The American man of letters teaches you how to use words.
What we need today is a Thatcher of the left: a leader who would repeat Thatcher’s gesture in the opposite direction, transforming the entire field of presuppositions shared by today’s political elite.
Is the world a better place if the vicious suffer for their viciousness? And what exactly are just deserts?
Duncan Campbell, who knew many of the old-style robbers, explores why we all still love a villain.
The American man of letters gives guidance to writers and journalists on both sides of the Atlantic.
Why do religious stories continue to mean so much to so many of us, even to the self-described “new, new atheists”?
The guru of Gaia is a maverick environmentalist who supports fracking and nuclear power. Does he believe the human race has a future?
Betrayal is not always a not always an act of malicious intent, or a sign of power. It can be a demonstration of weakness.
The American man of letters on linguistic complacency and corruption either side of the Atlantic.
The rote sets in.
Last train to nowhere.
What happens when craftivism meets spirituality?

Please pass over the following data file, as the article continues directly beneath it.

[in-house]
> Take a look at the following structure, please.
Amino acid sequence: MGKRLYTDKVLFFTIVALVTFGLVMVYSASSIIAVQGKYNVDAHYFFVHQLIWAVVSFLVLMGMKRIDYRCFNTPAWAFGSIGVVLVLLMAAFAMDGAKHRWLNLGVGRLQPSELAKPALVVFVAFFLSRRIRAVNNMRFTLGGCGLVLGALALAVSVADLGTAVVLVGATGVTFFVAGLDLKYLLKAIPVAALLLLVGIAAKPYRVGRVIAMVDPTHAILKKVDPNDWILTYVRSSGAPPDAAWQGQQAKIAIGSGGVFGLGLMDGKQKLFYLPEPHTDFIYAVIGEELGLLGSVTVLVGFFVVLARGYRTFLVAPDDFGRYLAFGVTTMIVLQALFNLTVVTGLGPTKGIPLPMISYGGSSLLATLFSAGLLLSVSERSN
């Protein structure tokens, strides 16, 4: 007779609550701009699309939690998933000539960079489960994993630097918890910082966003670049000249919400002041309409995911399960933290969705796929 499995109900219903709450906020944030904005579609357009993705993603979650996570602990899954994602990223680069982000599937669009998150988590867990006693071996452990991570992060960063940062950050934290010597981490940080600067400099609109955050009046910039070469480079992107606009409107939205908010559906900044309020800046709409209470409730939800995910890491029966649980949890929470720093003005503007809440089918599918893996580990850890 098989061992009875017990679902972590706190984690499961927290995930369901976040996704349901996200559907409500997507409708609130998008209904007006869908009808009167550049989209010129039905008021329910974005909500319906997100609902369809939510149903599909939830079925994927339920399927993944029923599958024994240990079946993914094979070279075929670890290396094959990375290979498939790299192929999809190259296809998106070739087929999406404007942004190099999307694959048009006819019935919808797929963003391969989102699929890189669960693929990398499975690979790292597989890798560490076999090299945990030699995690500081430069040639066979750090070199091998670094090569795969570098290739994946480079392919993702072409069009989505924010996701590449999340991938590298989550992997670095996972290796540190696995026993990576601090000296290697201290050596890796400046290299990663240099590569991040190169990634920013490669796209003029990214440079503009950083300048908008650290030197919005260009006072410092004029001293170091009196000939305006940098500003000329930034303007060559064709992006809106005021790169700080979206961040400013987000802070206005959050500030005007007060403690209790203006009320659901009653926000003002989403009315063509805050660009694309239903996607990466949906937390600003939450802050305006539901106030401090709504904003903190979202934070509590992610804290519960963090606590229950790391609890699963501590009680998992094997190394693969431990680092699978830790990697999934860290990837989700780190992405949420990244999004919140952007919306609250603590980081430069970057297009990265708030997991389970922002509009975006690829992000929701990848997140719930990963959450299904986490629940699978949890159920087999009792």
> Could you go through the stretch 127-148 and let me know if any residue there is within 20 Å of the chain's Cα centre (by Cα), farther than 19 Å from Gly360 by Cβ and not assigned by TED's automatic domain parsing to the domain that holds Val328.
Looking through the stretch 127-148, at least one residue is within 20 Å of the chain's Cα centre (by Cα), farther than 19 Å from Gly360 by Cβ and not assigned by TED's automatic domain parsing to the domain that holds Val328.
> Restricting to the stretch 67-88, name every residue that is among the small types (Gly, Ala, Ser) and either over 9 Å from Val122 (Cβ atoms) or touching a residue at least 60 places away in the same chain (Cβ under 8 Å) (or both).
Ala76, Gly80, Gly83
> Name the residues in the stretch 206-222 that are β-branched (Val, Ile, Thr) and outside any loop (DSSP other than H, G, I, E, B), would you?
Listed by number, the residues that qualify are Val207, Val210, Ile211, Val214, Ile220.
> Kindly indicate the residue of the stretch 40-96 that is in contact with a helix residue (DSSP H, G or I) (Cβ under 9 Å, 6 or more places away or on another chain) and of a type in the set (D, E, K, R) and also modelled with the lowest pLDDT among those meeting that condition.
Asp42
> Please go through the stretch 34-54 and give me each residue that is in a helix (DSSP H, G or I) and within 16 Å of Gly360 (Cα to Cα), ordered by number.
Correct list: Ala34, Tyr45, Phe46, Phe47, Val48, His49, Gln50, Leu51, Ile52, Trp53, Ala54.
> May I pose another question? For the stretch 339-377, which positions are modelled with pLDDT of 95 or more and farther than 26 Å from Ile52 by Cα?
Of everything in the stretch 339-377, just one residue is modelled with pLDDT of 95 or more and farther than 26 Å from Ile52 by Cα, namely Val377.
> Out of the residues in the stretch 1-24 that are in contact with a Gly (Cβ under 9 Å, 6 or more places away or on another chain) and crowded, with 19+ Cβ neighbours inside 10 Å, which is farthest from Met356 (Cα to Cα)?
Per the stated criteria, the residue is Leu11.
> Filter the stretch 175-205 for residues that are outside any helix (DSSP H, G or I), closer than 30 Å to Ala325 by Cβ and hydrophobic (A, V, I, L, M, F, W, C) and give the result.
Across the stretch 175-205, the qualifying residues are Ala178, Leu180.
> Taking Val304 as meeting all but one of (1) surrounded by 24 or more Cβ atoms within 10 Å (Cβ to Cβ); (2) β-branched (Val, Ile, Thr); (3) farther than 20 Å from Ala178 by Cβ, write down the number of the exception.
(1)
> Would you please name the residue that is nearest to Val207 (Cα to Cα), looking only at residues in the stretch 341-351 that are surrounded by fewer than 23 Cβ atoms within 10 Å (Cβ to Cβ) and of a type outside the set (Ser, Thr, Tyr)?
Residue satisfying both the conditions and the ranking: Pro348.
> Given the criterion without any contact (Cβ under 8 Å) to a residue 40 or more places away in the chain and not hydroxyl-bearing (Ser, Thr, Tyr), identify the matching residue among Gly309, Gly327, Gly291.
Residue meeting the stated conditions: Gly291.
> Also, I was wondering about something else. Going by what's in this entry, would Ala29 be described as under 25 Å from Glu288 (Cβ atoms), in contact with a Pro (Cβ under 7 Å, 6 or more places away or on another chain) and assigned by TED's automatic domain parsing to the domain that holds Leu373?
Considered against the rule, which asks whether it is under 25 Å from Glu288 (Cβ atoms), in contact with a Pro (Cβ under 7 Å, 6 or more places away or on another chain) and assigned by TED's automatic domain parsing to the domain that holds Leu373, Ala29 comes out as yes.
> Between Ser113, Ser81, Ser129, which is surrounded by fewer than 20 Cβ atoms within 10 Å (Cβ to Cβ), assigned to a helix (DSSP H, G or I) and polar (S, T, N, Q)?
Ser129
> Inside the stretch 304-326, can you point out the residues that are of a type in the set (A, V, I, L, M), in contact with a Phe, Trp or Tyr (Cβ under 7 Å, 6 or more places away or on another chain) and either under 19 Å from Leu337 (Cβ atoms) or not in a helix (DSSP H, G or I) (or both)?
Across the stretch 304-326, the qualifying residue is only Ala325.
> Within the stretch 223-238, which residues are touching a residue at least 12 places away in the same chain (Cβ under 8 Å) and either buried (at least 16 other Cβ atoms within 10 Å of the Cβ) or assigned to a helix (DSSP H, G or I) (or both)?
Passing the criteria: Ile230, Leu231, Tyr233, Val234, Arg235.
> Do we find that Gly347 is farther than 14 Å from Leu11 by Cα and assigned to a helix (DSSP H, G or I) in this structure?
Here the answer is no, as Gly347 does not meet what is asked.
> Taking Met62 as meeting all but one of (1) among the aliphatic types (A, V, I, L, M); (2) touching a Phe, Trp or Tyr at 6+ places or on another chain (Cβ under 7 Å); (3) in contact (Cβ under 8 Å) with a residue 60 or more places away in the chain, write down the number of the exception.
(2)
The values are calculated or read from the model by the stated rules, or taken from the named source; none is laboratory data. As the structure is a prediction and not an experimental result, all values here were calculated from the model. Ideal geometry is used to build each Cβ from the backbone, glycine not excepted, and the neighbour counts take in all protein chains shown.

Ghosts in the machine.
Take your pick: indie café or Beyoncé’s lip-syncing? We’ve become obsessed with authenticity and differences between echt and ersatz — but why bother doing anything for real if no one believes that you did?
Records in Canterbury could hold a clue to the king’s role in his nephews’ demise.
David Livingstone’s life and death in Africa helped mould the Victorian missionary myth of exploration and sparked the Scramble for Africa. Yet he was never a typical imperialist and he left a powerfully charitable legacy.
The meaning and power of love.
A local news channel in Evansville, Indiana recently reported a story about a family who moved into a new house in south-east Missouri and found it infested with spiders. “I’ve counted over a hundred in the house right now,” said Darren Bockhorn, the new owner.
Martha Gill's "Irrational Animals" column.
The historian talks to Jonathan Derbyshire.
The road to ruin.
Will Self's "Madness of Crowds" column.
Games are not films: if a player is going to invest in a character's actions, they need to have a chance to do the right thing.
Violence isn't unique to cinema or games - they're just the latest recruit to the aftermath blame tradition.
Ed Smith's "Left Field" column.
The announcement that the human remains found beneath a car park in Leicester were those of Richard III excited great interest.
A farewell to Soho Pam, the local beggar Pamela Jennings.
A group of urban explorers broke into the disused National Renewable Energy Centre, near Newcastle.